top of page

Ike and the Suez Crisis - a Guest Post

A Guest Post by M. B. Zucker


Dwight Eisenhower’s greatest achievement as President was keeping the peace during the height of the Cold War and creating conditions that made the avoidance of nuclear war managable for future Presidents. He confronted a major nuclear foreign policy crisis about once a year while in office. He had to deter communist aggression and withstrain his own trigger-happy advisors each time. The Suez Canal Crisis was the most dangerous episode of his presidency and arguably of the entire Cold War. His management of it was a masterpiece of crisis leadership and one of the finest moments of his career.

Eisenhower (Ike) did not know any Jews growing up. He told a friend that, as a boy, he did not think there were any Jews on Earth, and that they were “all in heaven as angels.” Years later, Ike’s military forces were key to defeating Nazi Germany and ending the Holocaust. He became the governor of the American-occupation zone in Germany after the war. Ike met David Ben-Gurion, leader of the Zionist movement, at this time. At Ben-Gurion’s urging, Ike redistributed German farms to train Jews in agriculture.


Eisenhower Conference on the Suez Crisis News Reel at this link:


Ike gave humanitarian aid to Holocaust survivors, but this did not translate into support for a Jewish state in Palestine. He feared that supporting a Jewish state would turn Arabs away from the US and toward the USSR. He said of Israel, “But now it was done. We’ll have to live with it,” suggesting his dedication to Israeli security. Most Israelis were disappointed by Ike’s 1952 election victory. Truman had supported Israel and had endorsed Stevenson. Israelis feared Ike, a military man, would treat the Middle East as a realist through cold calculations instead of moral considerations.

Gamal Abdel Nasser came to power in Egypt in 1952. He preached Arab nationalism and spoke of uniting all Arabs into a single state. He denounced Israel. Ike feared Nasser’s pan-Arabism and the possibility that Nasser could unite the Arabs and ally with the USSR. He compared Nasser’s bid for Middle Eastern hegemony to Rommel. Ike analyzed the Arab-Israeli conflict in his diary, writing, “The oil of the Arab world has grown increasingly important to all of Europe. The economy of European countries would collapse if those oil supplies were cut off. If the economy of Europe would collapse, the US would be in a situation of which the difficulty can scarcely be exaggerated. On the other hand, Israel, a tiny country surrounded by enemies, is nonetheless one we had recognized, and top of this, that has a very strong position in the heart and emotions of the Western world because of the tragic suffering of the Jew throughout twenty-five hundred years of history.”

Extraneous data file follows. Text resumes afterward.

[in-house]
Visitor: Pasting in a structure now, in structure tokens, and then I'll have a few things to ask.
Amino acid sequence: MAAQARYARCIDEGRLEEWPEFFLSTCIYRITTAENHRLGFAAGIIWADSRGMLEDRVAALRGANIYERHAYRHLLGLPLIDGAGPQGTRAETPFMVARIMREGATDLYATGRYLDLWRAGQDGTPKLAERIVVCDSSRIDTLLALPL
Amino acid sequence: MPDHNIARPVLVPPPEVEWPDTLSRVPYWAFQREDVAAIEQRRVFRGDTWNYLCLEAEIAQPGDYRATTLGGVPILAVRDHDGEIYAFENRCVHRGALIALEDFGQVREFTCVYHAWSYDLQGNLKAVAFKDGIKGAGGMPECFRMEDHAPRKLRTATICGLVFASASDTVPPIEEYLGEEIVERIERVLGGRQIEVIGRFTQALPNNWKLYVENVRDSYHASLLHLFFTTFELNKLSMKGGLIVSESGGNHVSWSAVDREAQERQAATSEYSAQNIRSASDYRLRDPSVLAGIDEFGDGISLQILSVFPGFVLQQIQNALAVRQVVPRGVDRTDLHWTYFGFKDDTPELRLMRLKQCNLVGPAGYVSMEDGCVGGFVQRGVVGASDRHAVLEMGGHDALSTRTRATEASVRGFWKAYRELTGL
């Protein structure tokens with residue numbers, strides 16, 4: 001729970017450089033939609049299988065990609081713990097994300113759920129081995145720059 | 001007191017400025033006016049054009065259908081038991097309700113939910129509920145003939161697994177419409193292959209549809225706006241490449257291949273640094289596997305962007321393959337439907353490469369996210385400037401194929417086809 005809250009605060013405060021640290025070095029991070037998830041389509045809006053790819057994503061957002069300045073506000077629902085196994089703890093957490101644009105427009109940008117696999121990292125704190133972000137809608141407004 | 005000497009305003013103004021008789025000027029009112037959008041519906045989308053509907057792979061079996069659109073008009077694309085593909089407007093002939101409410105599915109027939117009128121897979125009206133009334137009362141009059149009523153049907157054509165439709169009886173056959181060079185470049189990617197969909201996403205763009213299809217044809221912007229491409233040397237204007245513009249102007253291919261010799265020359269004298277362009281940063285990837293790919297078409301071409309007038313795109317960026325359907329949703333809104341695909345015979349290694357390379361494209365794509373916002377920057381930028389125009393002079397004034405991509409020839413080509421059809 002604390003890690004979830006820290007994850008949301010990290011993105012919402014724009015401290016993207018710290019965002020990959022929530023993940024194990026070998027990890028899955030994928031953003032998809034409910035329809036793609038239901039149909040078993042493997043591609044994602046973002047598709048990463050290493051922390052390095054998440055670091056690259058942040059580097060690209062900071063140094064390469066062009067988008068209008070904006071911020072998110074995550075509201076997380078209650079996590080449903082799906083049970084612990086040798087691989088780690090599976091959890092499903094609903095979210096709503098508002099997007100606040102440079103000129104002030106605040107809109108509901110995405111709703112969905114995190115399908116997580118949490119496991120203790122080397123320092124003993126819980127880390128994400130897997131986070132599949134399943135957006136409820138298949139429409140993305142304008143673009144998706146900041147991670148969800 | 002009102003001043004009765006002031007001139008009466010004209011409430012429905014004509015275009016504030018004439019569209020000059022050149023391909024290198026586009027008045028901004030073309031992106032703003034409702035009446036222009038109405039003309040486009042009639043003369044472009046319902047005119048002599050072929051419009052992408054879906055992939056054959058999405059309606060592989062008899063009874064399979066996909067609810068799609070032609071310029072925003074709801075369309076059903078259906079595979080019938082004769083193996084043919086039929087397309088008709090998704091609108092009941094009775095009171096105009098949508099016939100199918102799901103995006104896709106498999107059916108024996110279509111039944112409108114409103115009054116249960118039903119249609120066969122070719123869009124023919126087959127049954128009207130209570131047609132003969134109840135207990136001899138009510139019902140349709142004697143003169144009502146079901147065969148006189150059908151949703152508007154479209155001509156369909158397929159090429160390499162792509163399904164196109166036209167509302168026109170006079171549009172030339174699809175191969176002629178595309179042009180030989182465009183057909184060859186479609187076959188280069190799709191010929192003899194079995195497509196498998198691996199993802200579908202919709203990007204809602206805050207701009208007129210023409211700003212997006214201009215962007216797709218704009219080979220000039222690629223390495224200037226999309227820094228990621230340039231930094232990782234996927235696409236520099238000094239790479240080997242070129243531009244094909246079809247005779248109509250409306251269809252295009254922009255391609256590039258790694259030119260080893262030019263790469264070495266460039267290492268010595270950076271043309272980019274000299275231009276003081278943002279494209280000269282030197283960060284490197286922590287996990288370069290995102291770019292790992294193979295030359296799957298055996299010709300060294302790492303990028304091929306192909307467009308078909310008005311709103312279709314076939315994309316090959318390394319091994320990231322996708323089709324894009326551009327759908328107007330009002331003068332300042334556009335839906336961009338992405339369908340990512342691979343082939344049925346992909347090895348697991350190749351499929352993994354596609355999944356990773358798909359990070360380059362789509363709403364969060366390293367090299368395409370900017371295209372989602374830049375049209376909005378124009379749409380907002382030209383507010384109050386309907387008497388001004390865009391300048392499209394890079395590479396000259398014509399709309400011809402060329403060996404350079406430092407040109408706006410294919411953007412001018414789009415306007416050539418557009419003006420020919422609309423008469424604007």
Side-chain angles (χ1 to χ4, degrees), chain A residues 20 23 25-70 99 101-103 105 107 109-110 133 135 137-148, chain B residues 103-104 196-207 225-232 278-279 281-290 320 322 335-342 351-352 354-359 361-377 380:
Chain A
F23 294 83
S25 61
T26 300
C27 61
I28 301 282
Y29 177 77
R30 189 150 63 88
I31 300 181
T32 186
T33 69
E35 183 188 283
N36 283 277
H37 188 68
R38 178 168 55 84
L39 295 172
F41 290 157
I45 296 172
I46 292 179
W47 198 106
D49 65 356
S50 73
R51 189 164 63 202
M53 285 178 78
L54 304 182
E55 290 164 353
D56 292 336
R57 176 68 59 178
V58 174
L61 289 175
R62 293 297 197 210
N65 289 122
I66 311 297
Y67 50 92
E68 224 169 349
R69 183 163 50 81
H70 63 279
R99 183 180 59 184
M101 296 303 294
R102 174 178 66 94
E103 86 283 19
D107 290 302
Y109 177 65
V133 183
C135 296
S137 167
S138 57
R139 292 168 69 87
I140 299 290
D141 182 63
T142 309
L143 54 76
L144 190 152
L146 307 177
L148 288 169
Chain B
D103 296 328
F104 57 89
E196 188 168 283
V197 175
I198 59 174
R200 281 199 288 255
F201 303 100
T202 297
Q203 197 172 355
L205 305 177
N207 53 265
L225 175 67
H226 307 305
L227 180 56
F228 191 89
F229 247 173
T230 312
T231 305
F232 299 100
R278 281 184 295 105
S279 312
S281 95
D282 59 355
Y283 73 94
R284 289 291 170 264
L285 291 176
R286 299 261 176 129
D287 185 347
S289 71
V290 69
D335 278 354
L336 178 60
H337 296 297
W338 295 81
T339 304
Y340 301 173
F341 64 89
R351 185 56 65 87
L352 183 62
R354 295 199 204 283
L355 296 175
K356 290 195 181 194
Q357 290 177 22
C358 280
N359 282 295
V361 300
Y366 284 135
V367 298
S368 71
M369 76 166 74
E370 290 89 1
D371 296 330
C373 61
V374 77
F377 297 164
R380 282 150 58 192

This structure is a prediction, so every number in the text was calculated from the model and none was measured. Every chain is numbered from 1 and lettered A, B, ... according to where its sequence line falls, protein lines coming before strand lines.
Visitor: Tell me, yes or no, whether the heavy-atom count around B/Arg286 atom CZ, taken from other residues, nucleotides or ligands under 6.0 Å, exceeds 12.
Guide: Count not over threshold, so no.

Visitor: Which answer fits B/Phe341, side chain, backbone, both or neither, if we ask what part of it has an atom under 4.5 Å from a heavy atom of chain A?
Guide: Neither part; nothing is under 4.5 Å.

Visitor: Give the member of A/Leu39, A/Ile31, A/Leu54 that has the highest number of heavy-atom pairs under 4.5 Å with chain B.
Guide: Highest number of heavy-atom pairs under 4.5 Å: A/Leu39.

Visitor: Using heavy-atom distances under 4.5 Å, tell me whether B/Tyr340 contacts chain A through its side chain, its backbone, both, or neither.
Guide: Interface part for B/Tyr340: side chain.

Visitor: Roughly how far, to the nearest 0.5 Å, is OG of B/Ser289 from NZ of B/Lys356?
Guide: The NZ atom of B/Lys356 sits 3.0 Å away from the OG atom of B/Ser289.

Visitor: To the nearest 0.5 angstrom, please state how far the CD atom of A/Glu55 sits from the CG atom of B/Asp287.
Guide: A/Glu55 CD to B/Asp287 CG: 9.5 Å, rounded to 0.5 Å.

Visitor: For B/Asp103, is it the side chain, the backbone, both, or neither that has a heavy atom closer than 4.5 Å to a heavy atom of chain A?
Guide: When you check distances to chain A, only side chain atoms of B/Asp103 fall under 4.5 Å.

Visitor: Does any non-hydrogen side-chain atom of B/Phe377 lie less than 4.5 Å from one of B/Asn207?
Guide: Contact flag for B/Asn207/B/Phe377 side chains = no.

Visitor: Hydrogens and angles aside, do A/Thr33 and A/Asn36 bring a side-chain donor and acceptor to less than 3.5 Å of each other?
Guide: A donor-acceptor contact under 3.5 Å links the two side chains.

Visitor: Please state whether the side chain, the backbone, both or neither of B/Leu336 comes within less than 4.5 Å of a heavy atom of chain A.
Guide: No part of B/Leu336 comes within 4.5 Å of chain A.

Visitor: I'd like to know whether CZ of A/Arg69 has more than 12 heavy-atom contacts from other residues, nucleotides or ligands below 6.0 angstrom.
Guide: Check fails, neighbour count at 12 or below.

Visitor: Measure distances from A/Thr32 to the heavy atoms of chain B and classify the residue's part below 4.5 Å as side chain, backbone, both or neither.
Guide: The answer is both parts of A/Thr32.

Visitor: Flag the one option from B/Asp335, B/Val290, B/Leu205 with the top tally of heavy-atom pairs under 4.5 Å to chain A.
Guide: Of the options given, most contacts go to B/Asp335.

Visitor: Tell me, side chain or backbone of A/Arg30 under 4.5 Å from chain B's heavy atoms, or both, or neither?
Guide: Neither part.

NSC 5428 was issued in 1954. It said that peace between Arab states and the Israelis was America’s ultimate objective. Ike offered foreign aid to any Middle Eastern country that would make peace with Israel. He said the Palestinian refugees should be integrated into Arab countries if their reintegration into Israel proved impossible. Ike opposed Israeli settlements in disputed territories. He sought to treat the Arabs and Israelis equally and did not want to be seen as Israel’s protector. He refused to sell Israel weapons even after the Soviets sold weapons to Egypt because he wanted to prevent a Middle Eastern arms race. Nasser, meanwhile, sought to play the US and USSR off of one another. Ike played Nasser’s game and pledged financial support to help Nasser build the Aswan Dam in 1955 as long as Egypt worked toward peace with Israel.

Ike had a heart attack in September 1955. Nasser officially recognized Mao’s People’s Republic of China while Ike was in the hospital. Dulles, who was running US foreign policy, retaliated by severing aid to the Dam. This led to Nasser nationalizing the Suez Canal in July 1956. Ike believed Nasser was within his rights to nationalize the Canal, since it was located in Egypt. Ike knew that Americans would not want the Panama Canal placed under international control; Egyptians felt similarly about Suez. Britain and France, which had controlled the Suez Canal before Nasser nationalized it, were outraged. They wanted it back. Ike warned them against rash action and decided not to work in lock step with the Europeans on this issue. Britain’s Anthony Eden and France’s Rene Coty knew that Ike faced reelection in November 1956. They timed their scheme for the election so Ike would be unable to react. They convinced Israel to invade the Sinai in October 1956, beginning the most dangerous crisis of Ike’s presidency.